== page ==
The songs that work here bare simpler arrangements. The country-tinged "Achin' to Be" and jangly opening cut "Talent Show" fare much better than revved-up rockers like "Back to Back" or "Anywhere's Better Than Here", each of which sounds strangled. The majority of the material, though, consists of mid-tempo tracks that fit in reasonably well with the leaden production values. "I'll Be You" actually made it to #51 on the Billboard Hot 100 and went all the way to #1 on the Modern Rock charts. Toward the end of the LP, the boogie-woogie of "I Won't" is a fun boost of energy. With its cheesy synth washes, though, penultimate track "Rock 'n' Roll Ghost" is maybe the 'Mats biggest misfire ever. The band rally, however, with the final number "Darlin' One", which aches with the kind of passion missing from most of the record, restoring a sense of good will to listeners as Don't Tell a Soul comes to a close. Despite its drawbacks, the album reached #57 on the Billboard 200.

The Replacements - Achin' to Be

One year later, the Replacements rebounded from the sonically disappointing Don't Tell a Soul with 1990's All Shook Down. Scott Litt, who'd produced R.E.M., managed the sessions, capturing a clear, crisp sound from the band. At this point, though, Tommy Stinson and Mars primarily served as backing musicians for Westerberg. Much of the album is founded on laid-back acoustic guitar numbers. This is philosophically disappointing and nowhere near as exciting as the band's mid-'80s heyday. On the other hand, it's hard to be too discouraged when the songwriting is this good. Even the nearly diaphanous "Sadly Beautiful" is bewitchingly...well, let's call it melancholy and pretty, since Westerberg already cut so neatly to the chase. Although that's the slowest and sparest song on the record, few of All Shook Down's tracks are exactly barnburners.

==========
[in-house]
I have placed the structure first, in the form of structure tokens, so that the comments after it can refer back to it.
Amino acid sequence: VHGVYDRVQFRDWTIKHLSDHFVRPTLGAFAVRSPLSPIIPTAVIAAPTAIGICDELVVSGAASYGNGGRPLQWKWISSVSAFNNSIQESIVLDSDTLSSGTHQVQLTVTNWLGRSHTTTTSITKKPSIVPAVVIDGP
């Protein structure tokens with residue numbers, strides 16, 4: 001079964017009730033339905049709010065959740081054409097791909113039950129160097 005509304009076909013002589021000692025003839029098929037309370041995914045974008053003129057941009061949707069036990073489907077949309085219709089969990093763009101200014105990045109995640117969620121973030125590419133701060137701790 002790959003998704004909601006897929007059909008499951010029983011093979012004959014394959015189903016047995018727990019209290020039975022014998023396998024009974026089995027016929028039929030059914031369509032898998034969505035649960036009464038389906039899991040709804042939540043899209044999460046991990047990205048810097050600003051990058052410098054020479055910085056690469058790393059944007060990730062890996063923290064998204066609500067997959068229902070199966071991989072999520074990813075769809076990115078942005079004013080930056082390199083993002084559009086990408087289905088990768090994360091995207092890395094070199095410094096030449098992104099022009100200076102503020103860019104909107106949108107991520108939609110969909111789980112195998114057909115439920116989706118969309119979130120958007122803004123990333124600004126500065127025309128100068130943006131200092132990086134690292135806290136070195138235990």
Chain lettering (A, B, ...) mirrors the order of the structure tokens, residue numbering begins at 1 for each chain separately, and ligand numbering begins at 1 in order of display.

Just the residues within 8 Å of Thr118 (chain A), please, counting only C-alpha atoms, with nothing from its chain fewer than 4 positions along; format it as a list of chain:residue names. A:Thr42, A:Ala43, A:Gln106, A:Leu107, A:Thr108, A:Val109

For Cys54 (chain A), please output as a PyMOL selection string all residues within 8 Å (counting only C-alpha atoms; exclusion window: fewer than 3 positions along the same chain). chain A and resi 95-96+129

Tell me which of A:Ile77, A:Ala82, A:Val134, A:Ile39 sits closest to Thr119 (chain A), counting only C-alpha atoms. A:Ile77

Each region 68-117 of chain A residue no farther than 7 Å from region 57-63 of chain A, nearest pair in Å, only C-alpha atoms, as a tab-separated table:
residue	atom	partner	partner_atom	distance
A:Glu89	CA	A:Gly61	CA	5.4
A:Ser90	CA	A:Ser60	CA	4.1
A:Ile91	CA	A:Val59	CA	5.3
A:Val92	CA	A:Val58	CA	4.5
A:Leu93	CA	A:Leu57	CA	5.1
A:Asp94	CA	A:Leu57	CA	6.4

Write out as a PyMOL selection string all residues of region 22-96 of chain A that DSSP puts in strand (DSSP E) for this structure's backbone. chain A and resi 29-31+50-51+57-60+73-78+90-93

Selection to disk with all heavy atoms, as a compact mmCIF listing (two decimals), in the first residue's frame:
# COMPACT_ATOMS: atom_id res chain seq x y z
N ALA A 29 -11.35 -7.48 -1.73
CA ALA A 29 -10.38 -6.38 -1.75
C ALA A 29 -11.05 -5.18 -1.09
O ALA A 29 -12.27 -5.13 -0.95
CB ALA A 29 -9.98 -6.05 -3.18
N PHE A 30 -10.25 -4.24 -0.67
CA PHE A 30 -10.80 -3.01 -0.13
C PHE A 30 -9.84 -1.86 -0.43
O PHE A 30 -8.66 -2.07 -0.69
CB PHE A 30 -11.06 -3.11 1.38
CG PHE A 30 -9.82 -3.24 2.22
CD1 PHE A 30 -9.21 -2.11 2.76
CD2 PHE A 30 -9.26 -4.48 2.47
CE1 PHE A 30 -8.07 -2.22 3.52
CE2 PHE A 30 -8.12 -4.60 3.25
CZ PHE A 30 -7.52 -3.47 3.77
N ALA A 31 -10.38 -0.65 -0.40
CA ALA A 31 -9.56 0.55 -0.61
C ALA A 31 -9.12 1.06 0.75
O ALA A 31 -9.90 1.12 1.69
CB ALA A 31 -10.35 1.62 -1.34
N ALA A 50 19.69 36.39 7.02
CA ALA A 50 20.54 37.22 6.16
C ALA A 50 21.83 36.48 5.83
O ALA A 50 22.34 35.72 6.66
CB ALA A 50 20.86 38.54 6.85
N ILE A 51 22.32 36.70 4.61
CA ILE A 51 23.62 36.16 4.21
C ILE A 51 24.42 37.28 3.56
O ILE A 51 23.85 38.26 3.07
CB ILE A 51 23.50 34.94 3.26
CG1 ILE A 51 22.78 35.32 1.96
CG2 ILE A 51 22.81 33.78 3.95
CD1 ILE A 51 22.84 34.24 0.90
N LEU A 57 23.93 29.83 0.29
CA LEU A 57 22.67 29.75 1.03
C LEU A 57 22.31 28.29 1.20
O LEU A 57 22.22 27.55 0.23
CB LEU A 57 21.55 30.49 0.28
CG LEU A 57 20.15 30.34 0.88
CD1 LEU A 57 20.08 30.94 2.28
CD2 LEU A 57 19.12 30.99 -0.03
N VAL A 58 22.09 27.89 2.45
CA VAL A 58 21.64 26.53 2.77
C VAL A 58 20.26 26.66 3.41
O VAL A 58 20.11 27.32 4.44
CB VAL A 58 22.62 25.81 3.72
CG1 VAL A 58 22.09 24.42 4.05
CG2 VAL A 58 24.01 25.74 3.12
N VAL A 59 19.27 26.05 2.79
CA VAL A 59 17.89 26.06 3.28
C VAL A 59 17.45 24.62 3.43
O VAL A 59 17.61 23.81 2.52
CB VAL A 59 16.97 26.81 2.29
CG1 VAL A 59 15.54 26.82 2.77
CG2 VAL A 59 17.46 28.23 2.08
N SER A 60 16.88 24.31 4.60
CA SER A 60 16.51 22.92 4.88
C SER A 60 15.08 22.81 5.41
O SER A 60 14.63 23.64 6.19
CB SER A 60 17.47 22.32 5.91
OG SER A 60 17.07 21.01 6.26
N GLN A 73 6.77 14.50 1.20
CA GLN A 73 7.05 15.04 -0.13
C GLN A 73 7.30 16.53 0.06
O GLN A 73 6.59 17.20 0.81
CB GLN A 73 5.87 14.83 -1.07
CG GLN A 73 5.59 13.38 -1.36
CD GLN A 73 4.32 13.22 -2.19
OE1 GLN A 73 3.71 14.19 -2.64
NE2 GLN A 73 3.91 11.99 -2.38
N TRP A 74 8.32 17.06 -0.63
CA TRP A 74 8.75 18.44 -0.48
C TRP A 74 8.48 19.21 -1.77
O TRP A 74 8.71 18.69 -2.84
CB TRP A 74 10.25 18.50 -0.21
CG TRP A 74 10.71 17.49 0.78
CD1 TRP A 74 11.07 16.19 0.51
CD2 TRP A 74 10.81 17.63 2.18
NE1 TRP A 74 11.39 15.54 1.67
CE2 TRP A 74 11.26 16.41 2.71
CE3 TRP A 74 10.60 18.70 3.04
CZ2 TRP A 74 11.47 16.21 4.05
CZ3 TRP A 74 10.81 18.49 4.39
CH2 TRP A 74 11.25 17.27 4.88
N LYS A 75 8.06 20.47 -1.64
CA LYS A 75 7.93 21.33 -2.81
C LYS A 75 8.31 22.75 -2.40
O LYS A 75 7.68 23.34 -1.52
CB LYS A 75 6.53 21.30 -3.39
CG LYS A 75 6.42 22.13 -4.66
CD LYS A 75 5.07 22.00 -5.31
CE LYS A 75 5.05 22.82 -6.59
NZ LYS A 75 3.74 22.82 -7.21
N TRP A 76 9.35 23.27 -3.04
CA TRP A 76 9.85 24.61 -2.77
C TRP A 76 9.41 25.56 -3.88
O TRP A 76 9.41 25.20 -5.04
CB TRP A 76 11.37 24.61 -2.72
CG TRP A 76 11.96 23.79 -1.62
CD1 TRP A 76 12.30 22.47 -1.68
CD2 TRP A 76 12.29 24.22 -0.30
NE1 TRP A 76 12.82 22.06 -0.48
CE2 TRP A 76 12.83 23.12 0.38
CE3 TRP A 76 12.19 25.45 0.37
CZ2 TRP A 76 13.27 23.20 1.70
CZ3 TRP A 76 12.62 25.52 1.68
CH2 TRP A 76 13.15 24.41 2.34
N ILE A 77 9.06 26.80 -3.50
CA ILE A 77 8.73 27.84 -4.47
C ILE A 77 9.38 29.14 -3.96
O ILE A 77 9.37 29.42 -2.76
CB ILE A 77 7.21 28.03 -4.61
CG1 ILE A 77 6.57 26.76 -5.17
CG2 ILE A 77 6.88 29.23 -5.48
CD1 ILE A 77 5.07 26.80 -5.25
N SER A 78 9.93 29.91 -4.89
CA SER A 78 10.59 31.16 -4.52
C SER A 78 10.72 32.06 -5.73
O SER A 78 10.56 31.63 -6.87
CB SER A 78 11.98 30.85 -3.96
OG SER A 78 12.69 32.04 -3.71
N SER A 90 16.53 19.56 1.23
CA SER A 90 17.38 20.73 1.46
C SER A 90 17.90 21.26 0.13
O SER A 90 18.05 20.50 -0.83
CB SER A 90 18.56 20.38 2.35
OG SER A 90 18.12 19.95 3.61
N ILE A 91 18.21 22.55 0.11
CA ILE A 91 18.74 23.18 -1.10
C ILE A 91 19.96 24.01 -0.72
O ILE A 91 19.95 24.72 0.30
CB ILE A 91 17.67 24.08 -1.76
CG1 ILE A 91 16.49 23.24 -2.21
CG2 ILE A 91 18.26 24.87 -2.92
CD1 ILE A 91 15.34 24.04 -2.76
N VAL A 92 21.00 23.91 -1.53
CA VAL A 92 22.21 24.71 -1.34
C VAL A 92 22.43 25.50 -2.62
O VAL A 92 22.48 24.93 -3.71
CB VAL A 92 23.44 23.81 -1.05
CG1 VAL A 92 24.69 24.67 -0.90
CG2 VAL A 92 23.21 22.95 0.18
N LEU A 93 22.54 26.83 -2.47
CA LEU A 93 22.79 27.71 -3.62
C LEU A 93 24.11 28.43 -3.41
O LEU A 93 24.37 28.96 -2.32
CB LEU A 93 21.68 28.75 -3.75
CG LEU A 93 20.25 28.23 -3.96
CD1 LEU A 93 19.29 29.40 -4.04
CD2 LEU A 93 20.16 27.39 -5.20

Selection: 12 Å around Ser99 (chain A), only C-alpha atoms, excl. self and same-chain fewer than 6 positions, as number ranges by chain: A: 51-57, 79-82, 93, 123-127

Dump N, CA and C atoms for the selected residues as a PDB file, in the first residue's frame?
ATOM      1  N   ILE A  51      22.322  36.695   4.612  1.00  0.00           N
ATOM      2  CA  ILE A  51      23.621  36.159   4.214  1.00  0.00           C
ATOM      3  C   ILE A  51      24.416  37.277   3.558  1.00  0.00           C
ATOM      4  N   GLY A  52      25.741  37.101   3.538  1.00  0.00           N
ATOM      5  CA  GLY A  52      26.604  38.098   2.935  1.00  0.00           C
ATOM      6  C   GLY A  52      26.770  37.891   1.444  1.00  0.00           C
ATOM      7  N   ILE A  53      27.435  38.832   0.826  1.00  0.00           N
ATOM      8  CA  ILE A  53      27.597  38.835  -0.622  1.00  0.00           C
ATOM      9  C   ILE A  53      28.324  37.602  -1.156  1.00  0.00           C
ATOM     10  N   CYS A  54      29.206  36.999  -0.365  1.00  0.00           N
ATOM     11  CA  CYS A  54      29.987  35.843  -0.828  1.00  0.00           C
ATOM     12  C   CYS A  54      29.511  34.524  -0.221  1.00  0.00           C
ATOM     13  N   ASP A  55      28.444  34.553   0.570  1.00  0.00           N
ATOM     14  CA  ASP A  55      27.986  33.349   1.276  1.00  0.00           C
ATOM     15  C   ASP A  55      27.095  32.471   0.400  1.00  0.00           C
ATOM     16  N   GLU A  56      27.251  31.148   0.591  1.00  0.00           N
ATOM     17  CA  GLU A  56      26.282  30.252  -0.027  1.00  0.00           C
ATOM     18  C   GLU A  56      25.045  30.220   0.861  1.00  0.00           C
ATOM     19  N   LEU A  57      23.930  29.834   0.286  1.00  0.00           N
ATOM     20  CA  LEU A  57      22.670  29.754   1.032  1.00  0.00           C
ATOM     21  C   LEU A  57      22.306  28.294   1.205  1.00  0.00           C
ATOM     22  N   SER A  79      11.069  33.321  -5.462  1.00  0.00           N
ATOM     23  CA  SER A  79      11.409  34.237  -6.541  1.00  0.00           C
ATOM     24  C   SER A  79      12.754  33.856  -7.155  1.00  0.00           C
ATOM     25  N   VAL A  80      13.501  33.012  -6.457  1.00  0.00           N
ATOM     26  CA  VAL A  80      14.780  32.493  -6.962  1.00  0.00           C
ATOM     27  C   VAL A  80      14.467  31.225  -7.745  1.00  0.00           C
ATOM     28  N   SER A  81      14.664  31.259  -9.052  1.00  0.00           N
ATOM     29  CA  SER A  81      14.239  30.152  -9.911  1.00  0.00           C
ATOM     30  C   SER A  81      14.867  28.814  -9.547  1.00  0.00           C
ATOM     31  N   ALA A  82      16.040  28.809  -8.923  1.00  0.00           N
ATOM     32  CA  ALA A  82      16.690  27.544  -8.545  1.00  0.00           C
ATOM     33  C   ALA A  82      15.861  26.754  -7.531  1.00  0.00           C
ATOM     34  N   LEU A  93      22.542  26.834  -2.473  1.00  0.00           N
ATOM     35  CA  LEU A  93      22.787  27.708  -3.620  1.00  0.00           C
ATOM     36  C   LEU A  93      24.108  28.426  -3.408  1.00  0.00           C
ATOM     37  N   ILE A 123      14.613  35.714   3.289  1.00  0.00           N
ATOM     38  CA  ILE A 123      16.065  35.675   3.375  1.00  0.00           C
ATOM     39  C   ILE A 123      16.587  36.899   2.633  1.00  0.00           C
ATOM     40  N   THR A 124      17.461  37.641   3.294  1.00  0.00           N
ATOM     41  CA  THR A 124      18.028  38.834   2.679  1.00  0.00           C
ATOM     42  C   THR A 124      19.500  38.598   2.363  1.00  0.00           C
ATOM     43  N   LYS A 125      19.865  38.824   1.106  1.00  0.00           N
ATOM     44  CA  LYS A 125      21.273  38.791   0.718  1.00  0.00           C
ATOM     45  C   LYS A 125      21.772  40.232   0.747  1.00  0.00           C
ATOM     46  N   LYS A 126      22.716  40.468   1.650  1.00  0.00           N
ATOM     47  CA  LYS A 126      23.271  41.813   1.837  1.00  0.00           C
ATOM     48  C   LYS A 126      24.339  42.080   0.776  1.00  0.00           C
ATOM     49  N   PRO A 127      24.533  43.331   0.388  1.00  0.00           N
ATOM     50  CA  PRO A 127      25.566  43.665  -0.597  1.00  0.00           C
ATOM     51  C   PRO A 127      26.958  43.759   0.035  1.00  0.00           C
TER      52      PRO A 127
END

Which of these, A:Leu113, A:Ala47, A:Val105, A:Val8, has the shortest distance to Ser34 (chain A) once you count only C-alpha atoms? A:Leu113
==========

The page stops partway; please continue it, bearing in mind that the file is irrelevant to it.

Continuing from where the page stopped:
The majority of the songs are easy-going, full of strummy delights and poignant dips into minor changes. The record's biggest problem is a lack of distinction between some of these cuts. "When It Began" and "Nobody" bleed together, as do "Someone Take the Wheel" and "Happy Town". With careful listens, you can learn to love each of these for what it offers, but they are otherwise like pairs of identical twins you pass on the street. More distinct is the quiet title track, with its weirdly delightful recorder melody in the chorus. Leadoff track "Merry Go Round", too, is instantly appealing and memorable, as its follow-up, "One Wink at a Time", which offers another dose of the horns that ameliorated Pleased to Meet Me. In general, though, there's no mistaking All Shook Down for the earlier work of the Replacements. It's not at all surprising that the group went its separate ways the following year. Mars didn't even make it as far as the final tour.

The Replacements - Merry Go Round